JBV: Megan’s father and his high-maintenance wife, Sylvia, come to town. How is this set-up inherently dramatic – and in what ways do you look to keep the focus on Megan while also developing dynamic, multi-dimensional characters to both challenge and enhance her status?

It’s interesting that you ask this question. While writing the first draft of ROOTED IN DECEIT, I found that Megan’s father and his wife were “taking over” the initial chapters. Their grand, unexpected homecoming, their rebuff of Bibi’s offer to stay at the farm, even Sylvia’s attitude, were all inherently dramatic (as homecomings tend to be), and as a writer it’s easy—perhaps too easy—to get caught up in that drama. I had to find a way to help readers understand Eddie and Sylvia’s roles in the book, and as you point out, their roles in helping Megan grow, without allowing them to be the stars. 

I think the key to keeping the focus on Megan was to be selective in the number and type of scenes featuring Eddie and Sylvia. I wanted to create scenes that were short enough to be palatable but long enough to develop their characters in such a way that Megan’s reaction to them seemed natural. Megan’s father (and Bibi’s enabling relationship with him) is, in many ways, Megan’s kryptonite. Her father is a perpetual child, more of a sibling than a parent, and Megan is confronted by that in Rooted. But over the course of the novel, Megan learns that she can’t change her parents, only the ways she deals with them. Even more important, our occasionally judgmental Megan realizes that people have deep flaws. Growth often means loving them despite the flaws, knowing when to set limits, and even doing things for them that defy reason.

JBV: Megan and the book’s victim, Thana Moore, were BFFs once upon a time. What creative doors does revisiting the past open – and how does it allow you to organically show the evolution of your protagonist?

WT: I remember watching the Japanese movie Rashomon while in college. Ever since, I’ve been fascinated by the ways multiple people can witness the very same event but walk away with completely different perspectives or recollections. Our world view and personality affect perception. I think the past offers the same possibilities. Whenever you’re dealing with the past you have unreliable narrators. Megan’s memories of the past and her relationship with Thana are naturally colored by emotions (especially feelings of betrayal, regret, and loss), and by being forced to dig into that past, she must confront those feelings in order to get a clear picture of the victim and the events leading up to her death.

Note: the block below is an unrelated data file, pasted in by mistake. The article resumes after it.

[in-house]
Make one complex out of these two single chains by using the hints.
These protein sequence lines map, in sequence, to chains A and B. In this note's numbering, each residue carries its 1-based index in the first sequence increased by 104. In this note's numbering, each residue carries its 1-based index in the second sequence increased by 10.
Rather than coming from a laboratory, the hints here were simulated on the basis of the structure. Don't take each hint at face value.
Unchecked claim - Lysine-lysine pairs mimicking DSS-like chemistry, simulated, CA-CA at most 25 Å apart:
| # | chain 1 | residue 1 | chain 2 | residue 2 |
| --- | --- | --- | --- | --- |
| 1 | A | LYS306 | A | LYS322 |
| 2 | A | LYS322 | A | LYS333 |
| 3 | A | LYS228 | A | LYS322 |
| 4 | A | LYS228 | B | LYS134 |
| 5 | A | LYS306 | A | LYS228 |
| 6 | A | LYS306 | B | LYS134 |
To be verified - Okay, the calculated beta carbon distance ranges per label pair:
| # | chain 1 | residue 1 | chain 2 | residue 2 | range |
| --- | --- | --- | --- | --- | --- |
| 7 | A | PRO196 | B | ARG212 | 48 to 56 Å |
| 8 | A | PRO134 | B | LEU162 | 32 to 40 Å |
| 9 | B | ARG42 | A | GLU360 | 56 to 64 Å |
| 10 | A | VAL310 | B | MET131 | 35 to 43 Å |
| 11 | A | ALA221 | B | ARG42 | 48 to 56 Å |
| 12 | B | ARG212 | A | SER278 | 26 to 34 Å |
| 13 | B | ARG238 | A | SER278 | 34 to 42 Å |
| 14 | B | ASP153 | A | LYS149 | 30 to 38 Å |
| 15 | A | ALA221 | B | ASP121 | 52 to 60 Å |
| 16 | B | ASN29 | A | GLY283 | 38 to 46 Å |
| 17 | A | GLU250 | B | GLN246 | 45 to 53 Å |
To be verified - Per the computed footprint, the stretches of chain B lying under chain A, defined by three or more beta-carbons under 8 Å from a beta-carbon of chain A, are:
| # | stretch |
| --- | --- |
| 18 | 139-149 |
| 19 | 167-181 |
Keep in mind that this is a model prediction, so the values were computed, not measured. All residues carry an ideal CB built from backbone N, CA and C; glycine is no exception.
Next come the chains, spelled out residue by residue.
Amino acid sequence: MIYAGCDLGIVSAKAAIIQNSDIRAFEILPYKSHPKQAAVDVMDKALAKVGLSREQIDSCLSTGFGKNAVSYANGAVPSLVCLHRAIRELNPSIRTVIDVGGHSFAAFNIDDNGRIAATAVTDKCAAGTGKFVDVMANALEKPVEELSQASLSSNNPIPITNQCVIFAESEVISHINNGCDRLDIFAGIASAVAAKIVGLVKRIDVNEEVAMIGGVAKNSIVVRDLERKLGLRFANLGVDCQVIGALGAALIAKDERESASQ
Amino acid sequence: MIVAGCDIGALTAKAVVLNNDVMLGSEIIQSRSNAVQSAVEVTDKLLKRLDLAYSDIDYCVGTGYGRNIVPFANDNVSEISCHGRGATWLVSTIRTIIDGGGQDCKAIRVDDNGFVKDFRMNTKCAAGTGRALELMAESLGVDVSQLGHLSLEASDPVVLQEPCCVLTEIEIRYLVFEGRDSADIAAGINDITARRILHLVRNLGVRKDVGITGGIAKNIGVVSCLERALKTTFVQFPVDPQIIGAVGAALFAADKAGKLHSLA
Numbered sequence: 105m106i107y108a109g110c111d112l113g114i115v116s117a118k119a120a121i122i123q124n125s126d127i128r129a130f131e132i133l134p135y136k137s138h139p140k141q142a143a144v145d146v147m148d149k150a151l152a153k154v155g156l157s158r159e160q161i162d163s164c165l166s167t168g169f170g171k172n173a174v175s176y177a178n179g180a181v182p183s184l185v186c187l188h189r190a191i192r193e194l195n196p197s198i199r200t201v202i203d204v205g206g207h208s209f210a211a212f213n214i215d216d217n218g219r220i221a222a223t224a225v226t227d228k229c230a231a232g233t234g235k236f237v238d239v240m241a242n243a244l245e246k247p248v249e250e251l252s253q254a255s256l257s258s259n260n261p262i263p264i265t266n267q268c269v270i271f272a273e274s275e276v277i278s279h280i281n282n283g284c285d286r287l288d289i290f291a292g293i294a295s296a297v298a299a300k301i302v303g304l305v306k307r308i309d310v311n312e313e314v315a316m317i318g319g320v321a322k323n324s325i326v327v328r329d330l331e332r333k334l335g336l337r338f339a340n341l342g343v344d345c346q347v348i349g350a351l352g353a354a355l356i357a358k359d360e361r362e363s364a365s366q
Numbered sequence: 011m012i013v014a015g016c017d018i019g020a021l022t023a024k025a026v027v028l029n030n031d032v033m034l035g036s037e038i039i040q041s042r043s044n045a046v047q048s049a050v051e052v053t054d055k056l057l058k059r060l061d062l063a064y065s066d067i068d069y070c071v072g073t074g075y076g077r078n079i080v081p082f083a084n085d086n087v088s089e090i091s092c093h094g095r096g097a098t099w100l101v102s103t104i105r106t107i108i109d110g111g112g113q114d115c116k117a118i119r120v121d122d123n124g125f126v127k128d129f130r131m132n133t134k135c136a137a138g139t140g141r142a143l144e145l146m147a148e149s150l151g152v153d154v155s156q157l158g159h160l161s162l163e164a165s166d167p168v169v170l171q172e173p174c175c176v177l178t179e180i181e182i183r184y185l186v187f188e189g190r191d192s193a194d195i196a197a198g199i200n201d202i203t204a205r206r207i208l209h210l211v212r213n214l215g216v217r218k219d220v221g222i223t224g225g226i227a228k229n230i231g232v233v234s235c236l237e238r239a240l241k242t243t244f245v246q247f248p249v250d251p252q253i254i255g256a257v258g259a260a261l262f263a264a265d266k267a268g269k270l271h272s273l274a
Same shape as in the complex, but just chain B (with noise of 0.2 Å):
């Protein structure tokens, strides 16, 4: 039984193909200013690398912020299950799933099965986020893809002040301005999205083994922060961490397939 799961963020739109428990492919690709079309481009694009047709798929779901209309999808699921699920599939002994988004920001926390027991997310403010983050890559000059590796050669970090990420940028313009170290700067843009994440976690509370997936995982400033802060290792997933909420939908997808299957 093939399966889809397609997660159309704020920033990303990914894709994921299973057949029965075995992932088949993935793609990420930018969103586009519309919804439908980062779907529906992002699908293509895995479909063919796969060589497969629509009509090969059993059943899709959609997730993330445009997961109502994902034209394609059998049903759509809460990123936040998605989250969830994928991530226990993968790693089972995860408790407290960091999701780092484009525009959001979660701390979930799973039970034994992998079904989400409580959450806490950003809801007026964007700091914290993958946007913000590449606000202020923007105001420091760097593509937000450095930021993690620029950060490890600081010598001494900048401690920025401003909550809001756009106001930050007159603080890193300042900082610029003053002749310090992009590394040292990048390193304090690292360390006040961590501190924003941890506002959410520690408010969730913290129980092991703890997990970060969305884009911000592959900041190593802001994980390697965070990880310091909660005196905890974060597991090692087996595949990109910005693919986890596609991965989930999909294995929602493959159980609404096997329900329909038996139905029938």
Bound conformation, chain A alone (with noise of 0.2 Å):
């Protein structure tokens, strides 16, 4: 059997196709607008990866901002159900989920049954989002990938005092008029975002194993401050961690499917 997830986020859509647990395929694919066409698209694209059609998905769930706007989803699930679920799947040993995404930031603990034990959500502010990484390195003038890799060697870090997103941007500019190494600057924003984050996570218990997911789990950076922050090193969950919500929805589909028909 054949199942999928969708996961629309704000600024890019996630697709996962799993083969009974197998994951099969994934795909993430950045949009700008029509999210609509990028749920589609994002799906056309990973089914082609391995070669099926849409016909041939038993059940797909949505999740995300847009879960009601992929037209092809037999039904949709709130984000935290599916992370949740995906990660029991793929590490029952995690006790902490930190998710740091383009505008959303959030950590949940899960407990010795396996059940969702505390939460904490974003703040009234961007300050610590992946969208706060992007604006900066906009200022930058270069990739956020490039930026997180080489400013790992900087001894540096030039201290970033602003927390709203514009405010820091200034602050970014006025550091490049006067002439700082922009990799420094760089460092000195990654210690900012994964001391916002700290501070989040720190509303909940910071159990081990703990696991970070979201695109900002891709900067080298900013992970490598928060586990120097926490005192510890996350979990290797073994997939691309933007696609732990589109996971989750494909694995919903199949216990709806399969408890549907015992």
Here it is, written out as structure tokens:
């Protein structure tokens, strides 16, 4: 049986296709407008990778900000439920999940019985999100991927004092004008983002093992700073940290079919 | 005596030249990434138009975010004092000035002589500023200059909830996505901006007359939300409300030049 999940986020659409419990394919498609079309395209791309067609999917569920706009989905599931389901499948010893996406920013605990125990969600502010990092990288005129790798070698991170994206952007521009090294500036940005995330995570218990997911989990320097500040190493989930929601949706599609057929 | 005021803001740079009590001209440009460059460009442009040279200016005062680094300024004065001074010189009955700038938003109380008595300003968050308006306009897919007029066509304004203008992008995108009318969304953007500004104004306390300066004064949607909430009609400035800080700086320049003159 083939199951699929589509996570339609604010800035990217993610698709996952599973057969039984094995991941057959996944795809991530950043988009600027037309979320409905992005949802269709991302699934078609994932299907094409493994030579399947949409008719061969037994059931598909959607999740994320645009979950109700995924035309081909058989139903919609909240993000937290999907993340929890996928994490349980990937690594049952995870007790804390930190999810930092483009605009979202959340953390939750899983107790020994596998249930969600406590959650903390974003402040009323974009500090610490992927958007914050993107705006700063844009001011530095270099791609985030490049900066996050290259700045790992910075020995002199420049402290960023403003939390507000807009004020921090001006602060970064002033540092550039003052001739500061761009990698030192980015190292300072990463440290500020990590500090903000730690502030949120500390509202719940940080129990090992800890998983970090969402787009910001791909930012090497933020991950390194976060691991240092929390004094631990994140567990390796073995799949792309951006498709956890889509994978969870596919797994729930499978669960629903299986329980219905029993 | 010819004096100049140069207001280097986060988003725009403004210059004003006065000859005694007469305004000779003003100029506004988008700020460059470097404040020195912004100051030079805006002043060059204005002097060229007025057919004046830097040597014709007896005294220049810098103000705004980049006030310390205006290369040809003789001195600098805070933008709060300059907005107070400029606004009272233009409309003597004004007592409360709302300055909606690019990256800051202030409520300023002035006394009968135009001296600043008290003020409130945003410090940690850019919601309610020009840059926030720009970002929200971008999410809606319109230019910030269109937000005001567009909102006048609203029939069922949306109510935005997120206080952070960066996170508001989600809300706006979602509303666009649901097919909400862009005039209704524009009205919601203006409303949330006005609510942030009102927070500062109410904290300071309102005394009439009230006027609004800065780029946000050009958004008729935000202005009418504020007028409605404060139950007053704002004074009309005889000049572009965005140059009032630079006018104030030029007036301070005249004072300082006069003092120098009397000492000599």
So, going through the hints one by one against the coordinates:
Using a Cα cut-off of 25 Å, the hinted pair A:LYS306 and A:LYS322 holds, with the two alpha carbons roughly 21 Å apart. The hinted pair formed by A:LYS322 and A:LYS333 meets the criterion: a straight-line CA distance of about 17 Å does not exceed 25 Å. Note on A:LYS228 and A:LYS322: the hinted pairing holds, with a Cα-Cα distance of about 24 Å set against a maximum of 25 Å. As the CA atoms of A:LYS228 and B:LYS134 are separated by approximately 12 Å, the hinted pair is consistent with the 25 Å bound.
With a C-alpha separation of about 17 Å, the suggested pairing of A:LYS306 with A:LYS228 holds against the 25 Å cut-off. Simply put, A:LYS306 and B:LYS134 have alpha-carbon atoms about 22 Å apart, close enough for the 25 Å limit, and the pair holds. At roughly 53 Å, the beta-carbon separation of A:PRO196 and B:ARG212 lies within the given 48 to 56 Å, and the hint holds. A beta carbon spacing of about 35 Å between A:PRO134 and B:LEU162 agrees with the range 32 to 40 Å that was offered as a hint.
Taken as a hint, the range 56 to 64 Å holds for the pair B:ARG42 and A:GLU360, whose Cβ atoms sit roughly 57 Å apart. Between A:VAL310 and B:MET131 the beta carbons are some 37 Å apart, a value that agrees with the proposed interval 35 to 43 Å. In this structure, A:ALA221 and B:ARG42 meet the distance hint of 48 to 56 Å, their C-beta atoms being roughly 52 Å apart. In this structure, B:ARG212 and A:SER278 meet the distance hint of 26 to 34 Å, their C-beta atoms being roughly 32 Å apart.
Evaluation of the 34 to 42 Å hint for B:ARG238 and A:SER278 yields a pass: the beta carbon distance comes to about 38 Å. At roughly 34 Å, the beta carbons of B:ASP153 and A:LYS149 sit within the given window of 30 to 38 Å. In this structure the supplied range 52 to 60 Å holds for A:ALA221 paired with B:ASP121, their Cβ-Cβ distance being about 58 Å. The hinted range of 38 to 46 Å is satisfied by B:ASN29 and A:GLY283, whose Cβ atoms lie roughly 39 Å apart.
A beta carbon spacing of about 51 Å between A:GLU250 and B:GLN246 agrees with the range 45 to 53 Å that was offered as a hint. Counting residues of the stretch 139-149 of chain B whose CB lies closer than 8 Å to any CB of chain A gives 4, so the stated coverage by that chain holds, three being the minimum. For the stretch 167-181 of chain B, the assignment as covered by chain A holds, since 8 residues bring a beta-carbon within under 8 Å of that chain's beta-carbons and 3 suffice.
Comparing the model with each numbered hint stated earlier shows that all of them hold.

Also, opening the door to the past allows readers a glimpse of a Megan they might otherwise never know. Through Megan’s memories, the memories and perceptions of others, and devices such as scrap books and photo albums, readers witness additional dimensions of Megan’s character—including her vulnerability. As an author, it’s a great tool. By allowing Megan to recognize her role in past events and generally take ownership of the ways she was a revisionist, I can help her to grow—and demonstrate that growth—over the course of a novel in a very believable manner.

JBV: There is a progression in Megan’s relationship with her boyfriend, Dr. Finn, here. In what ways does their dynamic augment the overall suspense – and how do you endeavor to balance a romance that’s satisfying for readers without being (overly) cliché?

WT: We find out early on in ROOTED IN DECEIT that Denver has to go away to Scotland to visit his sister, who has been injured in an accident. While Denver has not been a sleuthing partner in every book, he’s been a friend and sounding board. Megan doesn’t have his support to the same degree, and in fact there are some questions that arise about their relationship—questions that are hard to answer when one person is across the Atlantic. I think this increases Megan’s isolation, heightening the romantic suspense and forcing Megan to rely on her wits during a very emotional time.

We’re shaped by our experiences, and nowhere is that truer than in our relationships. Megan has suffered great turmoil in her family life but has also experienced incredible love and support. Similarly, in her romantic relationships, she’s known deep and lasting love with her childhood sweetheart, who was later killed while in the military. These dichotomies have not made her distrustful of relationships, but she’s happy on the farm and wary of uprooting her life once again. The universe has been unkind; why rock the boat? Denver is divorced—and he’s suffered betrayal. He’s good natured and open, but careful, perhaps desiring more commitment than Megan would like to give. We’ll see how this plays out. I try to avoid clichés, such as forced love triangles, but I do appreciate a healthy dose of romance. Relationships are complex. I think the trick is to show that complexity, and the richness of love, over the course of a series.

JBV: Leave us with a teaser: What comes next?

WT: I’m writing book five, VIPE FOR VENGEANCE. Readers get to know Denver a bit better when his college friend is murdered in Winsome while participating in a volunteer weekend with a teenage boy. Oh, and Megan’s family gets a little bigger—but that’s all I will say for now!